“Film is incredibly democratic and accessible, it’s probably the best option if you actually want to change the world, not just re-decorate it.” Banksy
Dawn of the Planet of the Apes is one of the finest entries in the Planet of the Apes saga, for unlike the countless sequels of the original, it follows the allegorical apes’ formula of its exemplary predecessor and the quintessential original. What makes this film work today, much like the original worked back in 1968, is that it has subtext. On the surface, it’s a film about apes and humans battling it out, but if you read between the lines, you’ll recognise what is required of every great science fiction film: allegory.
Franklin Schaffner’s original came out at the peak of the African-American Civil Rights Movement in America. The film was very much perceived as a groundbreaking allegory for racial relations and slavery. Now, there is the ignorant misconception that the original Planet of the Apes is a racist film, but I honestly think that anyone who falls there simply did not understand its intentions and implications. In fact, if anything, it’s a product of that civil rights movement. The original Planet of the Apes placed the white man in the shoes of the black man during slavery. It is arguably the most humanitarian science-fiction film ever made.
Schaffner's 1968 original Planet of the Apes
Like the original, Matt Reeves latest installment in the series seeks to promote equality between races. However, this version reflects contemporary times, and while the original was more of a social commentary, Dawn of the Planet of the Apes works as a political commentary about what is happening in the Middle East today. But before we get into that, let’s take a closer look at what the first installment in the Planet of the Apes reboot, Rise of the Planet of the Apes, stood for.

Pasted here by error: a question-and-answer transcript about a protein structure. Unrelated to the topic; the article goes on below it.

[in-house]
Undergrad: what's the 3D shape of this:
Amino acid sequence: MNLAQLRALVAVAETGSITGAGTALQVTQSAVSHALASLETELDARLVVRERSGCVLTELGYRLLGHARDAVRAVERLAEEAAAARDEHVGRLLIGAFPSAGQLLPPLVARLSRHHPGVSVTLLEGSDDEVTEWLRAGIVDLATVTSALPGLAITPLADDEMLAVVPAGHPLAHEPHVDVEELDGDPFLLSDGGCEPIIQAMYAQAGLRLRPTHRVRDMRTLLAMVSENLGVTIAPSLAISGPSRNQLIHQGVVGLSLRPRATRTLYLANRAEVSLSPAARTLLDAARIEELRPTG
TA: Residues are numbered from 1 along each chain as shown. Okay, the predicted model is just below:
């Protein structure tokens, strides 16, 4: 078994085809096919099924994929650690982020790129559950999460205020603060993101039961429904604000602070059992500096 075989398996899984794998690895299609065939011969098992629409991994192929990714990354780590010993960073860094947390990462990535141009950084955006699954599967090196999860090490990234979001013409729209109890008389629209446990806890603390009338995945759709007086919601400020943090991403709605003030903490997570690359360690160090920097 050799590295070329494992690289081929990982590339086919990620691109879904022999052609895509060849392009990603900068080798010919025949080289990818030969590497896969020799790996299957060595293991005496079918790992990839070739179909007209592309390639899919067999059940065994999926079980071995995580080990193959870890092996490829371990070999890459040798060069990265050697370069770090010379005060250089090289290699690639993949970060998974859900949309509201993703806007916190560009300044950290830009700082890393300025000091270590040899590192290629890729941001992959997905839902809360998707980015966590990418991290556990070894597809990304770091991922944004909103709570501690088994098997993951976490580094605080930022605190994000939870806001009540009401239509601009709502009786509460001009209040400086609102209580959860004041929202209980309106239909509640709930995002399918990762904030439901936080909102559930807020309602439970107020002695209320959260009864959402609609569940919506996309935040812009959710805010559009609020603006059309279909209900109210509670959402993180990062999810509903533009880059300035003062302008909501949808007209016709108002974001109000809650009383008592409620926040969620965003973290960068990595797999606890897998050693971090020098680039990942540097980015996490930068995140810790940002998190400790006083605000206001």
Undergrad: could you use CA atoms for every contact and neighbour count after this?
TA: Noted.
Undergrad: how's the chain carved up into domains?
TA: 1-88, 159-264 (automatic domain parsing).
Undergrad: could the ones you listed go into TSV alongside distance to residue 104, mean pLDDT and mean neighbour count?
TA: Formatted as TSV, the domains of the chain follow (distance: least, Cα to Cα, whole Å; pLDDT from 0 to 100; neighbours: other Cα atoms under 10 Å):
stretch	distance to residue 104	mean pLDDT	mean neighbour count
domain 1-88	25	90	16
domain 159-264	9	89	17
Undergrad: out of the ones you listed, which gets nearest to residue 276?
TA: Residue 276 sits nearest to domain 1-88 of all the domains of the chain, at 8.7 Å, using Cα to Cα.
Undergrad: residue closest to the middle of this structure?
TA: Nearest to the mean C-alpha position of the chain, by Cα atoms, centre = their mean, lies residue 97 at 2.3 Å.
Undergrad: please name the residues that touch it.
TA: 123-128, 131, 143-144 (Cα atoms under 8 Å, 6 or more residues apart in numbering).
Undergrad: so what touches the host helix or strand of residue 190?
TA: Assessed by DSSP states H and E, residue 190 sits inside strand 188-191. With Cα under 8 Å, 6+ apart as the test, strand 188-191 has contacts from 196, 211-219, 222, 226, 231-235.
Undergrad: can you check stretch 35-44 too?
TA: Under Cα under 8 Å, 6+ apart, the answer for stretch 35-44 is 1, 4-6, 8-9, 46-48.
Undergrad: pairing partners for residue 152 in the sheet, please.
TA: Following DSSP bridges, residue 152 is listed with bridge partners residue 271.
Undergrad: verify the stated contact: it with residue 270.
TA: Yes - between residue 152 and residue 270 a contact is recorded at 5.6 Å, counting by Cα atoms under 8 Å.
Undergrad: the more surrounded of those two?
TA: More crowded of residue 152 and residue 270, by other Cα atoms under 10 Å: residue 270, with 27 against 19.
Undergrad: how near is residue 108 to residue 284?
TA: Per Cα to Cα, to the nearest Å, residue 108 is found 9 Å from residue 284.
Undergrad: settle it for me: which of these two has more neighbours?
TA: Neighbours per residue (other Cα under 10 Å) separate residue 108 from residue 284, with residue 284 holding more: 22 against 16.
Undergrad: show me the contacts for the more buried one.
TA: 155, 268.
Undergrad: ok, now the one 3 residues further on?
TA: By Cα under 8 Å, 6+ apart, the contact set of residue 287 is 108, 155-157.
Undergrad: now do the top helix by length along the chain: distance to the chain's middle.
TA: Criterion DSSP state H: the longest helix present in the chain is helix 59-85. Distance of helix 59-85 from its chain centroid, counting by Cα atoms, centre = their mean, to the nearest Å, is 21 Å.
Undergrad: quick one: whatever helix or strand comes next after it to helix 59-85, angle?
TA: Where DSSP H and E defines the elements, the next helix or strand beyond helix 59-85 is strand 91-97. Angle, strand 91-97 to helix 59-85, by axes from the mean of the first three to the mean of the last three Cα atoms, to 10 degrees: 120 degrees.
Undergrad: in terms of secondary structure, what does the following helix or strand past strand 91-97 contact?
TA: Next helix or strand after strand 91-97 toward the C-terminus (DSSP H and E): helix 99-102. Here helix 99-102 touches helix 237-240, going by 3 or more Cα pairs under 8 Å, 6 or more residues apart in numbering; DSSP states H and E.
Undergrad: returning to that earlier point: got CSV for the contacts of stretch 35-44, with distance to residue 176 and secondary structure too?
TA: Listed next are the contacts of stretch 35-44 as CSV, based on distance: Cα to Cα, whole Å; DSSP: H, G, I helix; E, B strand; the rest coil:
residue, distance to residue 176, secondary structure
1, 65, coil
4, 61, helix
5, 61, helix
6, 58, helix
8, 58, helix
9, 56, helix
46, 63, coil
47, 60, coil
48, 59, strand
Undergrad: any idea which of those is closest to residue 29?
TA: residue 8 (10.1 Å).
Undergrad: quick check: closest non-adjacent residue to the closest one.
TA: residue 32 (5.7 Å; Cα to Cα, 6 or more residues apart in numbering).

Rise of the Planet of the Apes put the viewer in the fur of mistreated animals. If you remember correctly, we watched Cesar being tested upon. Cesar was also mistreated in captivity when we saw him caged in like a zoo animal. The subtext here was animal abuse in general, be it in labs or zoos. Not many know this, but after Rupert Wyatt’s Rise of the Planet of the Apes came out, PETA, the animal rights organisation, went bananas (pun intended) over his film.
Wyatt received the Proggy Award, an award usually given to animal-friendly companies and people, and the film received PETA’s official seal of approval. Rise of the Planet of the Apes was very much a product of the animal rights movement to end the use of animals in research and entertainment. Come to think of it, it was the first Apes film to rely solely on state-of-the-art CGI. Unlike all the previous Planet of the Apes films, no real apes where used during principal photography. The 1968 film was a cry for the basic human rights of African Americans in a post-slavery America; the 2011 reboot was a cry to end humanity’s narcissistic tendency to regard themselves as superior beings to non-humans.
Reeves' 2011 Rise of the Planet of the Apes
“There is no reason why challenging themes and engaging stories have to be mutually exclusive – in fact, each can fuel the other. As a filmmaker, I want to entertain people first and foremost. If out of that comes a greater awareness and understanding of a time or a circumstance, then the hope is that change can happen.” Edward Zwick
When a Planet of the Apes follows what I like to call the Allegorical Apes Formula, it aims for something profound. There’s a pattern to be recognised when you look back at all of the Planet of the Apes films. The ones that failed to recognise the opportunity to tackle a fundamental world problem was generally perceived as cheap entertainment, while the ones that sought to marry entertainment with thought-provoking themes proved to be both commercial and critical successes.